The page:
Mrs Poppa's Big Trip - Poppa is Guide


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The day has arrived. Soon to depart for an adventure that Mrs Poppa chose when asked her preference for a big adventure. I offered Tasmania, New Zealand, USA, Europe (specifically Spain and Italy). The lady chose "head north through "your country" (meaning the Gulf Country where I head yearly for a bit of Barra fishing) and then through the Kimberley.

Gotta admit, I'm a lucky man. However that might suffer a bit of a hit there - there was a condition - no boat. Can't really complain though.

The Cruiser required a couple of packs - not being used to the new tray caused a bit of concern and confusion initially. It seems OK now but no doubt will be changed many times over the next couple of weeks. Moral of the story, don't get major stuff just before leaving on a big trip! But we all know that don't we!

The plan is Cowra tonight, Lightning Ridge, back of QLD (probably a little town called Capella), Kynuna and then Lawn Hill, Seven Emus Station, Borroloola, Katherine. A bit of luxury at Katherine and an opportunity to recharge our batteries.

That is the first leg of the adventure. If you see the Cruiser pulled over on the road or in a town somewhere don't be shy. Come over and have a yarn.

Wish us luck! I hope to update this report when the opportunity presents.


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Mesmerised is an appropriate word for the last couple of days. Yeah, a bit boring heading up the Hume Freeway to the Cowra turnoff but after that - wow. I've done the part to Cowra before and have always enjoyed it. After Cowra, it gets interesting. We loved the lush, green valleys, the rolling hills and get this, the architecture of some of the country residences throughout the path we took through Cowra, Canowandra and through to Dubbo.

Sorry you blokes, but Dubbo is not exciting. Glad to get through it. Driving up through Coonamble and onto Lightning Ridge, I thought most people would not give this journey a second thought but it is a trip worth undertaking. Scenery is worth it.

Lightning Ridge, yeah OK. Next morning was sombre for a good part. Not many words spoken in the Cruiser. It was akin to driving through the Apocalypse-Zombie era. Roadkill and then some. Desolate, water starved landscaped. Kilometre after kilometre of rotting carcasses. Hard country and even harder men and women making a living from this landscape.

Into QLD and the landscape changes constantly. An oasis is St George. What a beautiful and friendly town!

Durrandandi! I live in Albury which is in close proximity to Beechworth and the famed Beechworth Bakery. You blokes and sheilas - there is no bakery like the Durrandandi Bakery! Classic and in a small outback town! Go there!

We can't get over the countryside through Roma and afterwards. Here we are travelling thousands of kilometres to see magnificent sights and yet hour after hour we saw more than we expected. And got more than expected.

Pulling up for fuel or coffee always found us greeted with a "G'day, where you heading" and so. Each stop saw us leaving with a smile. Good people, outback Queenslanders.

No photos and I deserved to be kicked for that. Although my camera is not up to what some of you blokes would have but I reckon the trip deserves some photos so let's see how I go with that.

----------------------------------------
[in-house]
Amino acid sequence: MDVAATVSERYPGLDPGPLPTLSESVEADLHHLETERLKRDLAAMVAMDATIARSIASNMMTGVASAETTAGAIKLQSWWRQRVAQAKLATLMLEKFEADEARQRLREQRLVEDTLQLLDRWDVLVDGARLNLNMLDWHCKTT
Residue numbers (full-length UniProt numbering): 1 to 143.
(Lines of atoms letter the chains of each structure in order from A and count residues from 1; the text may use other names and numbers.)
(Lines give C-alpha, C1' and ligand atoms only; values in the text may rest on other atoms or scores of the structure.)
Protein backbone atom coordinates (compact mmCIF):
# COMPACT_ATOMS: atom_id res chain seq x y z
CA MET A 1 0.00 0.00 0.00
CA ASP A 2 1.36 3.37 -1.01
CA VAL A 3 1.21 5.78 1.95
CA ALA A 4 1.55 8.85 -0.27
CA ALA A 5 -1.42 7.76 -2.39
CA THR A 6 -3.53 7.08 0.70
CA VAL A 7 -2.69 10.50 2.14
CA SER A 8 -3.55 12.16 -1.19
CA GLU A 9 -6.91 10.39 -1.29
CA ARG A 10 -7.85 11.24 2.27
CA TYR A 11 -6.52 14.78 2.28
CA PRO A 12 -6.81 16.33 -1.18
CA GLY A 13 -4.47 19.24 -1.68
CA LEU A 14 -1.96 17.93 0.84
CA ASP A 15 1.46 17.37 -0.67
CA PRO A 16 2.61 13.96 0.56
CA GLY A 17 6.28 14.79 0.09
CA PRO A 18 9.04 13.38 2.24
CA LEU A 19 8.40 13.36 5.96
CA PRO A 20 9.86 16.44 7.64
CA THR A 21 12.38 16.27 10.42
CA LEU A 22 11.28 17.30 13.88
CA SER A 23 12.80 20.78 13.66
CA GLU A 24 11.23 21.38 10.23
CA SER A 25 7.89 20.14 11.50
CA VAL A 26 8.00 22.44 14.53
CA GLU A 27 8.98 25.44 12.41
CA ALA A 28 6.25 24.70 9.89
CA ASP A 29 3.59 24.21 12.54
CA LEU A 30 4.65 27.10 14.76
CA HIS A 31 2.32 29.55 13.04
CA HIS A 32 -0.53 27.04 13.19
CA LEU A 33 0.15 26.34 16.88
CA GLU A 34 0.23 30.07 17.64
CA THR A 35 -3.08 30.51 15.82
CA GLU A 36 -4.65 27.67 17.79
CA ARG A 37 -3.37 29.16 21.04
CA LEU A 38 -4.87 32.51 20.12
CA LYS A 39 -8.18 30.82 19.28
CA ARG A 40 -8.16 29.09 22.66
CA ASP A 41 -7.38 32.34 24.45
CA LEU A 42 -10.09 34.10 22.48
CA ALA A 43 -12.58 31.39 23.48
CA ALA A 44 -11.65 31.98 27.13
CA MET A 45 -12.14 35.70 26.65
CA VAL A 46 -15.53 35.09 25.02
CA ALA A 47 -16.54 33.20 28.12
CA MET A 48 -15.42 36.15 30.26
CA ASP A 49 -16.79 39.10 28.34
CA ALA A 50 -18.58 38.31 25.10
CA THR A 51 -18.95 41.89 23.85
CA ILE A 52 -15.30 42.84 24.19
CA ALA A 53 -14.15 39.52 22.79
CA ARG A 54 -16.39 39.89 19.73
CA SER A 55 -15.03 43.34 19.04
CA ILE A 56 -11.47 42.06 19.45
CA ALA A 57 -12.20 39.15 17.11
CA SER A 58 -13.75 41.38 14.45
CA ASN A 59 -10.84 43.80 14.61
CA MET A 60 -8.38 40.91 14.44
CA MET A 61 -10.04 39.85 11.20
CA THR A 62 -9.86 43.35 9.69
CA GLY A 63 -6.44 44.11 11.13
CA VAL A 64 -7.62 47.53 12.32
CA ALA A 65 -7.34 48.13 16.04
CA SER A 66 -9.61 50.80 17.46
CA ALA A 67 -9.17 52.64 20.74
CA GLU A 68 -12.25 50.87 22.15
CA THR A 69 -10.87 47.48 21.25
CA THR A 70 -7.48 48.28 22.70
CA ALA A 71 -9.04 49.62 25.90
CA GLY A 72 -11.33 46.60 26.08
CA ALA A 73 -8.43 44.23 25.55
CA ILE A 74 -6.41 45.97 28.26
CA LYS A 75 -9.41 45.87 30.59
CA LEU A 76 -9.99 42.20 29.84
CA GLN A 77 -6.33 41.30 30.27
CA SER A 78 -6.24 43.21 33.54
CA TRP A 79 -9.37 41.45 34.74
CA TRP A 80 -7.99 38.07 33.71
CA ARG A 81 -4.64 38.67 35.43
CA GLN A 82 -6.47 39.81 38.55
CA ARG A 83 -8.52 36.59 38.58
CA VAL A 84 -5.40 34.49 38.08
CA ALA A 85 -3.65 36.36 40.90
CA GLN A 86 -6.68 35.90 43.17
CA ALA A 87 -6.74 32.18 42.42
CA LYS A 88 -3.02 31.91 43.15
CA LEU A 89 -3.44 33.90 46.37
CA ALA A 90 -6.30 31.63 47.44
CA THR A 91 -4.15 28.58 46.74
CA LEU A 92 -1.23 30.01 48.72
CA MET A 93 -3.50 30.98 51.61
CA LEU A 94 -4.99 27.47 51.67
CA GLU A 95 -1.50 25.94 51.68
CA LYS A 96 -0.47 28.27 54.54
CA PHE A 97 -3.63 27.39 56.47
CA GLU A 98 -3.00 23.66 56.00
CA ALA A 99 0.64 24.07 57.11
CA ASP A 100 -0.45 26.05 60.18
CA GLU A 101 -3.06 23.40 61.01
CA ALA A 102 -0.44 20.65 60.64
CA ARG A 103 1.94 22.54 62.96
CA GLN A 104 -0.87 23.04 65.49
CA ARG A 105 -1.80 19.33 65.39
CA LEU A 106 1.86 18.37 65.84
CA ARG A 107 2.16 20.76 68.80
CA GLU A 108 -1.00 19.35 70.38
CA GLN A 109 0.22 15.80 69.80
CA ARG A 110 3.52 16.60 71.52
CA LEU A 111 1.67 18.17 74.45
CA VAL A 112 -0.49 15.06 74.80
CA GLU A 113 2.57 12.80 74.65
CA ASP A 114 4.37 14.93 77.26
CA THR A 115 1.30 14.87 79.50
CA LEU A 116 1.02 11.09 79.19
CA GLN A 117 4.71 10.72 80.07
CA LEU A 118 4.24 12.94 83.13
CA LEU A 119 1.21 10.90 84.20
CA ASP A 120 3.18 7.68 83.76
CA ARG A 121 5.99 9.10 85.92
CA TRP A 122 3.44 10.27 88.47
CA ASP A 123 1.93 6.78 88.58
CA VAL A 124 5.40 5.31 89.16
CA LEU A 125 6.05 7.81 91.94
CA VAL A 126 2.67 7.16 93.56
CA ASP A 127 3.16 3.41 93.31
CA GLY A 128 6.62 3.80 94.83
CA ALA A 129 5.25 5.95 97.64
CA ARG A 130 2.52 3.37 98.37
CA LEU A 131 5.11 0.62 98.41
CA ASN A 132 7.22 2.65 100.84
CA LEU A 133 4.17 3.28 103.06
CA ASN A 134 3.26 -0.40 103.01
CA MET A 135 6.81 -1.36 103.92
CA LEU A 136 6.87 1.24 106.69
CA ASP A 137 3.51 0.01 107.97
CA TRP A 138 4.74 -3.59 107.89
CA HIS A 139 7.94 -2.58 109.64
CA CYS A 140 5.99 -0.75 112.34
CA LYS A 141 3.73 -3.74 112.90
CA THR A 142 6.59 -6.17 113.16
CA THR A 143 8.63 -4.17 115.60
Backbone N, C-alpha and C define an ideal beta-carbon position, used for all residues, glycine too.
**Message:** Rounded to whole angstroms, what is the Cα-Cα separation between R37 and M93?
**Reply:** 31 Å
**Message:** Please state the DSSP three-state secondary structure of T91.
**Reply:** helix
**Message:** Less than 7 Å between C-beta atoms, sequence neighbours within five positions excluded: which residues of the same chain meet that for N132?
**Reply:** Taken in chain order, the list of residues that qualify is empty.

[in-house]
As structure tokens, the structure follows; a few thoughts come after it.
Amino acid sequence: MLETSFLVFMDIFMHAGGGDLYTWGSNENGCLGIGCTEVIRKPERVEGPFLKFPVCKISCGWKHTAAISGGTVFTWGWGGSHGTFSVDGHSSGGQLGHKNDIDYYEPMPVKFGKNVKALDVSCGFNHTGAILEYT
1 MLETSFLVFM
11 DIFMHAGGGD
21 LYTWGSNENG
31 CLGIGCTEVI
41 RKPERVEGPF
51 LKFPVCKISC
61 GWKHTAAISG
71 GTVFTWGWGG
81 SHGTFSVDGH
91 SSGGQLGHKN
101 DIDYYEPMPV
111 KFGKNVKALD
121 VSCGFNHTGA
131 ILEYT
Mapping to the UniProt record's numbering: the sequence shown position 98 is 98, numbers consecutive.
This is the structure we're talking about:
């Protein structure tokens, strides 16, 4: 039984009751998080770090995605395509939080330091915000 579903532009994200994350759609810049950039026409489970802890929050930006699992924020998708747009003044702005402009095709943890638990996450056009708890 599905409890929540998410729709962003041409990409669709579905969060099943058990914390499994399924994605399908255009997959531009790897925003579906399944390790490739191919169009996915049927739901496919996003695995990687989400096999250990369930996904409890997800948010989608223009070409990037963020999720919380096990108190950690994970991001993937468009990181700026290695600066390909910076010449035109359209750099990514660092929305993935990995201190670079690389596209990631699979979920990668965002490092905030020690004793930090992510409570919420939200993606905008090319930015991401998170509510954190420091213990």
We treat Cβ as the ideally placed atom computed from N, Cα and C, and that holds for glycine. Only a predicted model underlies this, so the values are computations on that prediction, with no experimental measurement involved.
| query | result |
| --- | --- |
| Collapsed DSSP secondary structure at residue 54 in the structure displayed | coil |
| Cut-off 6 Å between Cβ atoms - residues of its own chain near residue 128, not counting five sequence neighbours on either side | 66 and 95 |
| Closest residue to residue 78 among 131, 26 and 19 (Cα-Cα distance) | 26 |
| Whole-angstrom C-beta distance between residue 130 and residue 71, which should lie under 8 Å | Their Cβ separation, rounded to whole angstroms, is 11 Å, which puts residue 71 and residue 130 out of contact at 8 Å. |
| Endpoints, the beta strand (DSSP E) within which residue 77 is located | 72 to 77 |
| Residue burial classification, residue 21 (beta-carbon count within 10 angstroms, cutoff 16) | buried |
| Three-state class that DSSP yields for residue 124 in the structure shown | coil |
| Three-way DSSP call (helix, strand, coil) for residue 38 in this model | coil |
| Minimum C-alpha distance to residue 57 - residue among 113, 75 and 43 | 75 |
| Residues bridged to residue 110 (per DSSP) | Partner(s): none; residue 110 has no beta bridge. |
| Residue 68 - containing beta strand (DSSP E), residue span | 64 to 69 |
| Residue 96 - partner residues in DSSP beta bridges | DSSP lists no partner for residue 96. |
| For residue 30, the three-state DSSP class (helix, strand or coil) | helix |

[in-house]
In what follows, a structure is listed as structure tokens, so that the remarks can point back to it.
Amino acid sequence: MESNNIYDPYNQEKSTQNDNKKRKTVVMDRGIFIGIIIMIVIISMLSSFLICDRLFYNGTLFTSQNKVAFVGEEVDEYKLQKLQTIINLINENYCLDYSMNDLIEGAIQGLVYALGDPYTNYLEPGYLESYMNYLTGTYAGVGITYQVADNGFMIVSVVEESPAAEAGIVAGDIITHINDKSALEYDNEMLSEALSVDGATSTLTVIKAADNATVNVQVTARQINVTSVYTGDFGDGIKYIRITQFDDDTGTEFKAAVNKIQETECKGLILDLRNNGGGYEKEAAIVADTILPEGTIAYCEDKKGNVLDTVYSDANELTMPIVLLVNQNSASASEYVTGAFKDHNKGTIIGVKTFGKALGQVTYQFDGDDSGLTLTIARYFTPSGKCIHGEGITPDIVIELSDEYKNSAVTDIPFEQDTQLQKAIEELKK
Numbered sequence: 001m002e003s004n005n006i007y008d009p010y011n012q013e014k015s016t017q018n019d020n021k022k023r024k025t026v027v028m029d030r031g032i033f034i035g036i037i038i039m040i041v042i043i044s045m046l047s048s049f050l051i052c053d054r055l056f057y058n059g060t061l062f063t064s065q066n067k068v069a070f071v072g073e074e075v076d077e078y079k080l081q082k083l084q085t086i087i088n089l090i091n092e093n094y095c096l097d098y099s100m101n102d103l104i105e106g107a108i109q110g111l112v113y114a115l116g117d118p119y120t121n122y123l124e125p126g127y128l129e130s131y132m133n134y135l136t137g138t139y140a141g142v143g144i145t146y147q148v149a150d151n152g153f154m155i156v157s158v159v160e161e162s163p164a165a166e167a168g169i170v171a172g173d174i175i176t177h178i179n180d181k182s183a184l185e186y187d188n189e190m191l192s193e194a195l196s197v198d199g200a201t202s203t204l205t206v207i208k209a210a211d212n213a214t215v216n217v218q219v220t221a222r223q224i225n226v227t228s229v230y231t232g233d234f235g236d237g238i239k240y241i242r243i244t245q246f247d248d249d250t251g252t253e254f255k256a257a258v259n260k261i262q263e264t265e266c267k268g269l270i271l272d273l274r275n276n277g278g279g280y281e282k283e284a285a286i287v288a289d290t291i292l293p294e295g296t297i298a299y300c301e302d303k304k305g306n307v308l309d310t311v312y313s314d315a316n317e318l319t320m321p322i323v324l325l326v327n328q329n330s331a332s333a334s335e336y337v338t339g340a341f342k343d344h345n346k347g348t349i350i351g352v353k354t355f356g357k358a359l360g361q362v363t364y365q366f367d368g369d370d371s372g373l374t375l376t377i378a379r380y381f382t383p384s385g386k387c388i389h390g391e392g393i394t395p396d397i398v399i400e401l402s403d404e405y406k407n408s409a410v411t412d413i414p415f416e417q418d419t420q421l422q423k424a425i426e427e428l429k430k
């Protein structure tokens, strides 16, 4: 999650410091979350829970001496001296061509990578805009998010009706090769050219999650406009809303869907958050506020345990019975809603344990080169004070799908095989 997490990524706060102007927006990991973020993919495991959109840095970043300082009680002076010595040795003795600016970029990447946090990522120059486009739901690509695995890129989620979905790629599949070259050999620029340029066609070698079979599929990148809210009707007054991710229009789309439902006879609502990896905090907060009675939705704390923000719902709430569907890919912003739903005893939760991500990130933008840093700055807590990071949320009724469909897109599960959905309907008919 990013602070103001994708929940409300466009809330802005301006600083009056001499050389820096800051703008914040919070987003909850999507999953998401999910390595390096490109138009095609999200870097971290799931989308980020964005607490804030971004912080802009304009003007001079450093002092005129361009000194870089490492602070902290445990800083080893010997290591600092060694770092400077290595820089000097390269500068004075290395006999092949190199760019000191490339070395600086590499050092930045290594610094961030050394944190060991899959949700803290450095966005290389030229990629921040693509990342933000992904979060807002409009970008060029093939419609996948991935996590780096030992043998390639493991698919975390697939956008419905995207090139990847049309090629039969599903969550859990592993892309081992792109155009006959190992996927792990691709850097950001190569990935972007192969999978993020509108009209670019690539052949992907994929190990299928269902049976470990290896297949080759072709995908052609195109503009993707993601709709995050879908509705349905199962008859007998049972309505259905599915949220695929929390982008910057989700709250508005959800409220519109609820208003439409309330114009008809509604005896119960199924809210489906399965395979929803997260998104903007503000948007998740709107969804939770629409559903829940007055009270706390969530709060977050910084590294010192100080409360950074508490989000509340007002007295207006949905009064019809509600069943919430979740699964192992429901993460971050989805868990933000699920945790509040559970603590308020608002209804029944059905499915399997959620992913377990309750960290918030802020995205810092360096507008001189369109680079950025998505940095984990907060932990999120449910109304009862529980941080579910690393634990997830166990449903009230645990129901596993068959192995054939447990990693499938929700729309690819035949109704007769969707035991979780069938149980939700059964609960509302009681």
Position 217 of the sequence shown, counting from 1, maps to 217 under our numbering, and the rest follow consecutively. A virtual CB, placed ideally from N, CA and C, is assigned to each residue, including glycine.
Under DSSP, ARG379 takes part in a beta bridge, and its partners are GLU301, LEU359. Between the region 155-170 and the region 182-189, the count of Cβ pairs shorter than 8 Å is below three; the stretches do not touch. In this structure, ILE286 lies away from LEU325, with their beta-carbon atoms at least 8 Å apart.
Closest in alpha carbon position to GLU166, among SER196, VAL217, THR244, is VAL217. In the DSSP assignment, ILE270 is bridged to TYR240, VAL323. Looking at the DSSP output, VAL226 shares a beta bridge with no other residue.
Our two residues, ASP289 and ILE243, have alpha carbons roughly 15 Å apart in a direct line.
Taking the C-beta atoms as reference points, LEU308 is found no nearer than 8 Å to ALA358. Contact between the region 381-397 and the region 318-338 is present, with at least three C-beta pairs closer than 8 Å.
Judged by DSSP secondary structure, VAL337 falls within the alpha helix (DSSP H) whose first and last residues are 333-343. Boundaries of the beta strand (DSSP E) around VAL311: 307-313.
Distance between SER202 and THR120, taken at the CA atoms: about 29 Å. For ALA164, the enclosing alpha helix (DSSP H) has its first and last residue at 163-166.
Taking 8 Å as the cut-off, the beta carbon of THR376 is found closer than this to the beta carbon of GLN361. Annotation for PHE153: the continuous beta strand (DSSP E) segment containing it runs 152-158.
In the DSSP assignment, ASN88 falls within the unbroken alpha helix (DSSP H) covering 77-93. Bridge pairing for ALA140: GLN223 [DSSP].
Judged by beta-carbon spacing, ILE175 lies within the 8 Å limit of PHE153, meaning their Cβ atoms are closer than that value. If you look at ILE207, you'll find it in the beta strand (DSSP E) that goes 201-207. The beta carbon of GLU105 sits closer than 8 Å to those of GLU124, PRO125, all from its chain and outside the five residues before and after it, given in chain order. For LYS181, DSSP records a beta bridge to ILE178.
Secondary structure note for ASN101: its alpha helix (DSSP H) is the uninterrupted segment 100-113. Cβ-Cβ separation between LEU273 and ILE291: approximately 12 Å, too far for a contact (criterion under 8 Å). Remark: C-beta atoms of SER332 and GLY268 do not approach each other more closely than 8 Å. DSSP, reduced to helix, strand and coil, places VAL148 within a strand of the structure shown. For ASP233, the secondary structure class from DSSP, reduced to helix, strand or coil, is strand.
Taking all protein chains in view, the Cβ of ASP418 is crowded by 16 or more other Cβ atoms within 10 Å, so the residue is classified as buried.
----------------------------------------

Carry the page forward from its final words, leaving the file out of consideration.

A couple of days into the trip and I am mesmerised - once again - with the wonderful country we live in. A wonderful country made all the more wonderful by the people we meet.

The hubs haven't been locked in yet but we are not complaining.


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I did the exact route a few months ago. Agree with you that the bakery at Dirribandi is fabulous. Is the ginger bread houses still displayed at the door? I highly recommend going to Winton via Carnarvon Gorge national park. I camped at Mount Moffat, less popular, but equally beautiful. Safe travels!


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I hear you Poppa, that is a great drive up through those outback towns. Sounds like a great trip. My young bloke is fishing up at Darwin at the moment, seeing his pics and reading your trip report wants me to head north again



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Arrived home about a week ago. I reckon you know (as if you need to be told) how good a trip has been by the feelings you have as pull into your driveway. Marie and I were both sad, flat and basically "let-down". The Lady said: I could re-stock, chuck out the stuff we didn't use or need and leave tomorrow morning and do exactly the same trip.

Well onwards with the report. I don't keep notes during the trip because I'm too busy enjoying the moment, so a lot of report will be from memory.

Stayed overnight in Emerald. Just shows how little I (possibly you too) know about our country. I had no idea of the size of Emerald, it really is a bustling centre. Leaving Emerald and heading to Longreach we were once again treated to amazing scenes ("amazing scenes/landscapes") will be used quite frequently throughout my reports I reckon).

I decided I would actually stop at some of the look-out points rather than driving past (as usual).
IMG_1251.JPG Not far from Emerald, looking back at the country we had just driven through.
We had every intention of making Kynuna that night so we didn't dawdle.

IMG_1258.JPG Went through a small town (yeah I know - I can't remember the name of the town) but it had a heap of farm machinery and vehicles on display in the main drag. I spent too much time there checking it all out. And as I type this I realised this town was before Kynuna. (Poppa - you should have kept notes!!)